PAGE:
We Can’t Abandon Chikesia Clemons
With an upcoming court date to appeal false charges made by a Mobile, Alabama Waffle House, and Saraland Police Department, Chikesia Clemons needs amplification and support more than ever.
Like most Black American women, I’ve had to process more images of other Black women being abused than I can keep track of. From my timeline to the subway, the violation of a Black woman’s body is only a glance, street corner, or police siren away. Yet, nothing has triggered me as much as what I saw happen to Chikesia Clemons.
Chikesia, along with two friends were dining at a Mobile, Alabama Waffle House when informed there was an additional charge for plastic silverware (Black folks don’t be trusting that half-washed silverware). Upon requesting to speak with the manager, employees called 911 and requested for police. An exchange with Saraland Police officers resulted in Chikesia being pinned down by several officers and choked. Their mandhandling shifted Chikesia’s tube top, exposing her breasts to apathetic patrons as well as officers who watched without coming to the young woman’s defense.
Besides the trauma, bruises, and bad press Chikesia was subjected to, she’s also been found guilty and charged with disorderly conduct and resisting arrest. According to accounts from Waffle House employees and Saraland police, employees called 911 because Chikesia and her friends refused to discard alcohol they had brought on the premises, which is against restaurant regulations. Several witnesses claim that everyone in the party smelled of alcohol, and a few employees went as far as claiming at one point someone said they were going to “shoot this place up”. However, Chikesia’s mother says, “She was waiting for them to give her the district manager’s card so she could file a complaint on one of the waitresses.”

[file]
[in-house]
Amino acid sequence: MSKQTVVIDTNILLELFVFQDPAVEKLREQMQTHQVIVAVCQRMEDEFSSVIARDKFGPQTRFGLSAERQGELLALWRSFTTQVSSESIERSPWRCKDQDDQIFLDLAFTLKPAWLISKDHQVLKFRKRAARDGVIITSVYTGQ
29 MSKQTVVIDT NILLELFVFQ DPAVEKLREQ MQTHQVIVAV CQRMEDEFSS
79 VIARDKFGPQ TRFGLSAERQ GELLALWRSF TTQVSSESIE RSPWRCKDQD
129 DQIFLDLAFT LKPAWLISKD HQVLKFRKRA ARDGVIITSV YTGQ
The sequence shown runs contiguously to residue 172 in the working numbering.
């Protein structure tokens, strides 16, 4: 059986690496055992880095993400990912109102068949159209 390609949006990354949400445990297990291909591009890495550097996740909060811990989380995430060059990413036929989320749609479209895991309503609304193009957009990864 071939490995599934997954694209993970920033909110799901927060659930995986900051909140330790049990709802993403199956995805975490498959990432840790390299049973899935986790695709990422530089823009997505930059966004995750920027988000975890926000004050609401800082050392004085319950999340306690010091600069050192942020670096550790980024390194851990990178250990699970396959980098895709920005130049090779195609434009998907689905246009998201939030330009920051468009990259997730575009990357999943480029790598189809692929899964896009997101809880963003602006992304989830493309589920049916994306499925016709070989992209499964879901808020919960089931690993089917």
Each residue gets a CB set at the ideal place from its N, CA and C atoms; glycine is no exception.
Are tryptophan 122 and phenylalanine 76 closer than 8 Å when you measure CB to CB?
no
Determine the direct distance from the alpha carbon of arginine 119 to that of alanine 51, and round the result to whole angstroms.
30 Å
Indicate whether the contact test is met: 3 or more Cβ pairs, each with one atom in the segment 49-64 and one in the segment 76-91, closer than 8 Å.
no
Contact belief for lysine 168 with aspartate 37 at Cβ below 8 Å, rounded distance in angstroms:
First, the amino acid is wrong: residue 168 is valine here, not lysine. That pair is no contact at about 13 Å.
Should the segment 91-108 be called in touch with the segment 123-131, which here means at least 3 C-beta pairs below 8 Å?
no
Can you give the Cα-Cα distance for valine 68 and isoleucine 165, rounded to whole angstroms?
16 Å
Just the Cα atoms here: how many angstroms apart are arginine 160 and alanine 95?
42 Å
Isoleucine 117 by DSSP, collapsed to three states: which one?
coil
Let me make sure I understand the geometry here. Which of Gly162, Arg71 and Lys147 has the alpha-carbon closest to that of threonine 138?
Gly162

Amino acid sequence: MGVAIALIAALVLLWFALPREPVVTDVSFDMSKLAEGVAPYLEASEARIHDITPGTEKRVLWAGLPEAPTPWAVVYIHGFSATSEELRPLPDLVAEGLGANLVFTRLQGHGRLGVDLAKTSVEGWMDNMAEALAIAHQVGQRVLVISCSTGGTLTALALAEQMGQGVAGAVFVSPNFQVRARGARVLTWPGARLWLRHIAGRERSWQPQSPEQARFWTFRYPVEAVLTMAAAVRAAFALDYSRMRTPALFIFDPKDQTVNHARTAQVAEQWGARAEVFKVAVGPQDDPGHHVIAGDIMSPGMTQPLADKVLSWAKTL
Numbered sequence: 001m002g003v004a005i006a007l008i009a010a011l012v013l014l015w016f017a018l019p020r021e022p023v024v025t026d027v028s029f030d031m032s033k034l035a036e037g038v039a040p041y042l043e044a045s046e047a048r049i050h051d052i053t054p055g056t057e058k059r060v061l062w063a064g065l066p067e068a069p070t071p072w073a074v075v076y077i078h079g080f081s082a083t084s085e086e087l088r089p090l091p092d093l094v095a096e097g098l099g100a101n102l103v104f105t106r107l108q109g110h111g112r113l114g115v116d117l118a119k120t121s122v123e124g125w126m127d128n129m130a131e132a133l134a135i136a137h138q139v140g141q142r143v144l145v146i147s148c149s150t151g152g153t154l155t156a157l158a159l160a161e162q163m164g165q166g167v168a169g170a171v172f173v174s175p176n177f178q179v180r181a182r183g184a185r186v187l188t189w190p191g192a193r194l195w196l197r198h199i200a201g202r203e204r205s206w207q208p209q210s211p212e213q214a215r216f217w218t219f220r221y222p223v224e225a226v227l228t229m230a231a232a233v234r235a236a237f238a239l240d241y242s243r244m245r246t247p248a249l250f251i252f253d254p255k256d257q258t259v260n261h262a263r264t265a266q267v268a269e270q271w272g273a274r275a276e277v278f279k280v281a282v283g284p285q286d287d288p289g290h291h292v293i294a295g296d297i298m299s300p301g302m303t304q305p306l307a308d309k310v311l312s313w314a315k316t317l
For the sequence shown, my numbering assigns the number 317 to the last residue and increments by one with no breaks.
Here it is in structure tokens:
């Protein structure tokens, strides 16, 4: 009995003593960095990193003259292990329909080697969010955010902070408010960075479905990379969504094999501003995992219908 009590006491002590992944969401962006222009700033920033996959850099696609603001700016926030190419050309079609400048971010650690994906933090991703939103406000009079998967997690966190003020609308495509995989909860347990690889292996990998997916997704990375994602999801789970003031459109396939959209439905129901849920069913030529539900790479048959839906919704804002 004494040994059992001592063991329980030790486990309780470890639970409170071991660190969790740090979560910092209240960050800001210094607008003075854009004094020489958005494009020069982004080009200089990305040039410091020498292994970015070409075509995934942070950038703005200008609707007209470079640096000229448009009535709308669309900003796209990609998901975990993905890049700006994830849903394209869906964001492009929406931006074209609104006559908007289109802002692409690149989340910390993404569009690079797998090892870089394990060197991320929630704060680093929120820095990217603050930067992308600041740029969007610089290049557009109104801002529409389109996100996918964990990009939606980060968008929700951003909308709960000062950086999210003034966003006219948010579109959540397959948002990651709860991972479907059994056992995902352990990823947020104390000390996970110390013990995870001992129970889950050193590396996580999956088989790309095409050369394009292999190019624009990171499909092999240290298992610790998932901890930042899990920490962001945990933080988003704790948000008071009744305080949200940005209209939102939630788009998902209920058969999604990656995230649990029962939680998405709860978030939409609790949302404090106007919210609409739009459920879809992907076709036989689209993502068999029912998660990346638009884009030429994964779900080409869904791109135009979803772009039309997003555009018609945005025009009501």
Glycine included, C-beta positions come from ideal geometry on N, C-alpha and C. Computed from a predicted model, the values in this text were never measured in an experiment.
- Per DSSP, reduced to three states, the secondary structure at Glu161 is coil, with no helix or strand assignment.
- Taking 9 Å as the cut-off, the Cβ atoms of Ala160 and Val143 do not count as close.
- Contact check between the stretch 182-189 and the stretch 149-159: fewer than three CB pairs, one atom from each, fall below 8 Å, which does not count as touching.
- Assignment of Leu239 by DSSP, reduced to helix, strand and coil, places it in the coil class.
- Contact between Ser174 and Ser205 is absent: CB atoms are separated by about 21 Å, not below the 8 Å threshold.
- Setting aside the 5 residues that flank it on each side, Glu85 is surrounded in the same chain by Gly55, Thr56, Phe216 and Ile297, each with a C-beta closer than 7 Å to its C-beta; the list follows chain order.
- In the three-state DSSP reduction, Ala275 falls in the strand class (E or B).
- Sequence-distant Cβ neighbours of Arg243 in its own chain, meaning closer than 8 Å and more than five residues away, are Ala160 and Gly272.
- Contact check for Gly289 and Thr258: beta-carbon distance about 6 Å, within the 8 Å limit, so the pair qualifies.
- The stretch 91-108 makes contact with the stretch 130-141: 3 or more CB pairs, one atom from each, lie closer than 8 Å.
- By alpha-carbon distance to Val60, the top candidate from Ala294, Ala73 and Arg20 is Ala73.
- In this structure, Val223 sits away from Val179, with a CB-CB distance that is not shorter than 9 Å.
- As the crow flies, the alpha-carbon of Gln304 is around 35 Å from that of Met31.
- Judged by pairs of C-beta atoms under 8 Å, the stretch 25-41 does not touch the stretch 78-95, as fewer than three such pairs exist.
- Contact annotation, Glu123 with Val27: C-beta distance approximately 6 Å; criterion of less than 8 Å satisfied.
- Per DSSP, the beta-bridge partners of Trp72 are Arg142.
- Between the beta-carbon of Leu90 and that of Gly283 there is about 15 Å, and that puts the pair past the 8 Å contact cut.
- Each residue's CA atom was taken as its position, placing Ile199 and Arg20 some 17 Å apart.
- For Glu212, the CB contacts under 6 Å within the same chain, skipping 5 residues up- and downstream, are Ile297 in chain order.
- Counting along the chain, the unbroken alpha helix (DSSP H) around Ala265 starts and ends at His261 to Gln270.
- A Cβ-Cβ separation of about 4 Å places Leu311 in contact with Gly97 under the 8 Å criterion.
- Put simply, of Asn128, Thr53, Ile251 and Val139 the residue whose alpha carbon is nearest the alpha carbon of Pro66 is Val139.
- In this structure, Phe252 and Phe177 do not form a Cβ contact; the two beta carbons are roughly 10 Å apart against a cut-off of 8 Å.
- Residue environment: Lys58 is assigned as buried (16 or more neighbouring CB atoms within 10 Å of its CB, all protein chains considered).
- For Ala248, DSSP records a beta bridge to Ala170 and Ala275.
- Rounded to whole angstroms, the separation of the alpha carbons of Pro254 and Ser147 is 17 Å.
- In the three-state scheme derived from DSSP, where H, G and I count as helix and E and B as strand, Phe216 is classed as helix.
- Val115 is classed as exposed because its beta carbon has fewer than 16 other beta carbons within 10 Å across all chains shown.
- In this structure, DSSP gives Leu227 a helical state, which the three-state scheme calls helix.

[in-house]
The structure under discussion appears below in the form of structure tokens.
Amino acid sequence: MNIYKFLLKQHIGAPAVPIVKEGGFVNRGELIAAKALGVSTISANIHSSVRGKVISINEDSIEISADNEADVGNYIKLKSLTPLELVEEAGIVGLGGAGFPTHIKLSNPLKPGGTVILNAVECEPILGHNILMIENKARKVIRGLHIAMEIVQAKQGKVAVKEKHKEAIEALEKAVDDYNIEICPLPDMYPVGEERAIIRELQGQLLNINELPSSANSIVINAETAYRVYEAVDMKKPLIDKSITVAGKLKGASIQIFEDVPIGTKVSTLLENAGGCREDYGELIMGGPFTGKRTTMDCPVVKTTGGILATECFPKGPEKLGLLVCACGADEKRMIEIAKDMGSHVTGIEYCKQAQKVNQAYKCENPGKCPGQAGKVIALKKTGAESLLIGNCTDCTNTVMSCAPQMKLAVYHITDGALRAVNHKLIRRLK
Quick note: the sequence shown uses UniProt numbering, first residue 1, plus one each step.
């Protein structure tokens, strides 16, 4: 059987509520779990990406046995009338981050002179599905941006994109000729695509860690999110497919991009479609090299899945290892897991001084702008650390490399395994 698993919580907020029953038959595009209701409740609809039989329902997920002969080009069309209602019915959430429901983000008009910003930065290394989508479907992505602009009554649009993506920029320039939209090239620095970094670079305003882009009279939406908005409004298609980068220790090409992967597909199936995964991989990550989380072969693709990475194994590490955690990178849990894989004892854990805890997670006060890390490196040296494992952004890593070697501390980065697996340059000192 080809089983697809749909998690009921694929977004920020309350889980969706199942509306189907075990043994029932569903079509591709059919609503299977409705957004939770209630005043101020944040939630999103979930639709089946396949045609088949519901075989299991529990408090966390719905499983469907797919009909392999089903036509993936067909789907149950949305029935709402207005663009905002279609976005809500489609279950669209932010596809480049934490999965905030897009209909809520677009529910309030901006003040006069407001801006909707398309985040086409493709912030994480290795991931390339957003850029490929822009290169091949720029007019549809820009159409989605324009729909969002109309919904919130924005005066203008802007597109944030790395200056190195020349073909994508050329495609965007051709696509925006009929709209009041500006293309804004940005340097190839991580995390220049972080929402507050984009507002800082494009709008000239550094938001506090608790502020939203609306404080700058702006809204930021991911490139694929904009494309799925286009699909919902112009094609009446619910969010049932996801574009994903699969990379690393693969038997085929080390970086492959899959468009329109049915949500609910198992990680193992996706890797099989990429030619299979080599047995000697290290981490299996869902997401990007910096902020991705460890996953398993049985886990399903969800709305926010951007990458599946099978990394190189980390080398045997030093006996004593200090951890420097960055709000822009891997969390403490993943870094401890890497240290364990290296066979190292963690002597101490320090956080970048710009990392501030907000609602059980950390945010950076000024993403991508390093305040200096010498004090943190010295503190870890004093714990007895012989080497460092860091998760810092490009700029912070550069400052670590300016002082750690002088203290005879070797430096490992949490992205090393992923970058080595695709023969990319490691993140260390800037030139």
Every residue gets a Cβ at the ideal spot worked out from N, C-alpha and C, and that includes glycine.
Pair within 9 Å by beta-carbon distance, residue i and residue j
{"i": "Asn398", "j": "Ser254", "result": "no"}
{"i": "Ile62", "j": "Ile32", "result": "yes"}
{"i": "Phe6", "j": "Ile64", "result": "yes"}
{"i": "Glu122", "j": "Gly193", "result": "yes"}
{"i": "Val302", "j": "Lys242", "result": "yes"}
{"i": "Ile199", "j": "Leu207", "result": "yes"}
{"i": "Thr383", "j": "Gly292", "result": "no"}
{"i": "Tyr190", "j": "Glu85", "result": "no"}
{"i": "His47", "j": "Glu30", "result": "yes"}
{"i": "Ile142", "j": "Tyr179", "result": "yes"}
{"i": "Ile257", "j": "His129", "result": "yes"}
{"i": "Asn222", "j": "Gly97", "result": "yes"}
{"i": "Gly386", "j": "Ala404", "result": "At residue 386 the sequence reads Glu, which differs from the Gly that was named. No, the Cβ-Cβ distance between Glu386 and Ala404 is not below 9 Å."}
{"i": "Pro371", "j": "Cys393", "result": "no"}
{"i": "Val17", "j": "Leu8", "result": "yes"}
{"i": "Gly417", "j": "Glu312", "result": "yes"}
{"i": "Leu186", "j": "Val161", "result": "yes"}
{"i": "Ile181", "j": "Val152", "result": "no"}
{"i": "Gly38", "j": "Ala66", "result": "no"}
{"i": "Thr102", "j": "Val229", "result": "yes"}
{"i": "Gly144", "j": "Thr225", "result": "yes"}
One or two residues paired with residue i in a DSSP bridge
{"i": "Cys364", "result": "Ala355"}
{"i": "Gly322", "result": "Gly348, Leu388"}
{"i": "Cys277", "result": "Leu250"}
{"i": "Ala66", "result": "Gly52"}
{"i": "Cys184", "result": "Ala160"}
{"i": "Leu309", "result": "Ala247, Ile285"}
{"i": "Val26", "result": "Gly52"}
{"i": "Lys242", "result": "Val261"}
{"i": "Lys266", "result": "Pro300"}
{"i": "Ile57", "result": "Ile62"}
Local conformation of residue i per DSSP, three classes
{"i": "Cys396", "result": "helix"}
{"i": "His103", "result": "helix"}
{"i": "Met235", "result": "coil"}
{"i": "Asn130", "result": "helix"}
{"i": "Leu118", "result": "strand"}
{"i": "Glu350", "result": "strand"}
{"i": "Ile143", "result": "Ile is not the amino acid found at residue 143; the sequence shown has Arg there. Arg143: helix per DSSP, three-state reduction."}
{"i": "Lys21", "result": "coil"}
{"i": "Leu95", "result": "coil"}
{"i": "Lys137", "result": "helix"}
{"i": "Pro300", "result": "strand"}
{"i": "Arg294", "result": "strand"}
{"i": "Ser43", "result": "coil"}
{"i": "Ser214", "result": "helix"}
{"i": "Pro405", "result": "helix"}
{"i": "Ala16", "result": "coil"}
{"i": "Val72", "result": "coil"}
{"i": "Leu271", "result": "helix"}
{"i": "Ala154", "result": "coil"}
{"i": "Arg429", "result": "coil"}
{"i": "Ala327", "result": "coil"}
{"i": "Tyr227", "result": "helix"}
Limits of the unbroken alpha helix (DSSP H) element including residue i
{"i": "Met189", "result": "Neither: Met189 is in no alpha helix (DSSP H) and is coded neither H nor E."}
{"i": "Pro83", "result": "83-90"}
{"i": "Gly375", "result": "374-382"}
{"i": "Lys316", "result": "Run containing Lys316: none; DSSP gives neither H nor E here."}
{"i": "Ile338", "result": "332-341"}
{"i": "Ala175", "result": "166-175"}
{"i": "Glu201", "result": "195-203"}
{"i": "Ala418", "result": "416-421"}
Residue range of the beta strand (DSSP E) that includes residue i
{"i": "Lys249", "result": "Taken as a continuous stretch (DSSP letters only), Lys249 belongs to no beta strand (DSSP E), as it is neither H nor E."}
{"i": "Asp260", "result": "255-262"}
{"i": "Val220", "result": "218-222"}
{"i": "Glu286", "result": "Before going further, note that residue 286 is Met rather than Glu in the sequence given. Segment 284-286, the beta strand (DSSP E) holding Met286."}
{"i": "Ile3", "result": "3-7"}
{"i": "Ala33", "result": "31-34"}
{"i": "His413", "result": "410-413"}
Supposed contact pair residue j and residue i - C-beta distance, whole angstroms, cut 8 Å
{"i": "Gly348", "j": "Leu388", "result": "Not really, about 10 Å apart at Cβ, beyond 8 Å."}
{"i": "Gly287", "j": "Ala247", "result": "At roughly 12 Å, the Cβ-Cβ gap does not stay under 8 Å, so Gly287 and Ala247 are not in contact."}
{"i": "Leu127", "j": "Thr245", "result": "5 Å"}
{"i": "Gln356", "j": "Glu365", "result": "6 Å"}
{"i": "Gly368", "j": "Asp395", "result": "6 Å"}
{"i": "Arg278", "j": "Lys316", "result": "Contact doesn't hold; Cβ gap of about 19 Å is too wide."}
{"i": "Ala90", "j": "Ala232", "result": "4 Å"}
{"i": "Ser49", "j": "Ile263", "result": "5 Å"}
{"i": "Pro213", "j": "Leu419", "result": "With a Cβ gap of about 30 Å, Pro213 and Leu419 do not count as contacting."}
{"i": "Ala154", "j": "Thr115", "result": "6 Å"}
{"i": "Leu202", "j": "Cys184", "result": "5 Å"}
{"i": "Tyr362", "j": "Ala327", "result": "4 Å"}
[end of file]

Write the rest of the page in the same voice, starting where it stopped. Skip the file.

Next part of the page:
Like most violations that happen to the bodies of Black women, most people have already forgotten the abuse Sis experienced in the Waffle House that night. I didn’t, though. I’ve maintained contact with Chikesia through social media, sharing words of encouragement after she was found guilty in the case against her, as well as amplifying her voice in my work. So, when Sis posted a call-for-action on her Instagram page asking people to physically show up to her upcoming court date, I knew she deserved more than a like and a share.
Chikesia Clemons’ sentencing is scheduled for February, 27th. She shouldn’t be there alone, which is why I’ll be flying out to Alabama to show support for her trial (did I tell y’all how much I fear the south?)
For those who will be unable to attend, there’s still a list of ways you can help and show support.
- Share this and spread. the. word. The state of Alabama is crossing their fingers, hoping we all forgot about Chikesia. Let’s prove them wrong.
- Speak against misogynoir every single chance you get. What can appear as a ‘harmless’ bias (no such thing) against a Black woman can ultimately rob her of her freedom and livelihood. The reason why Saraland police got away with attacking a Black woman is because people believe we deserve to get attacked.
- Help me raise funds for my transportation/lodging in Alabama by donating to my PayPal pool!
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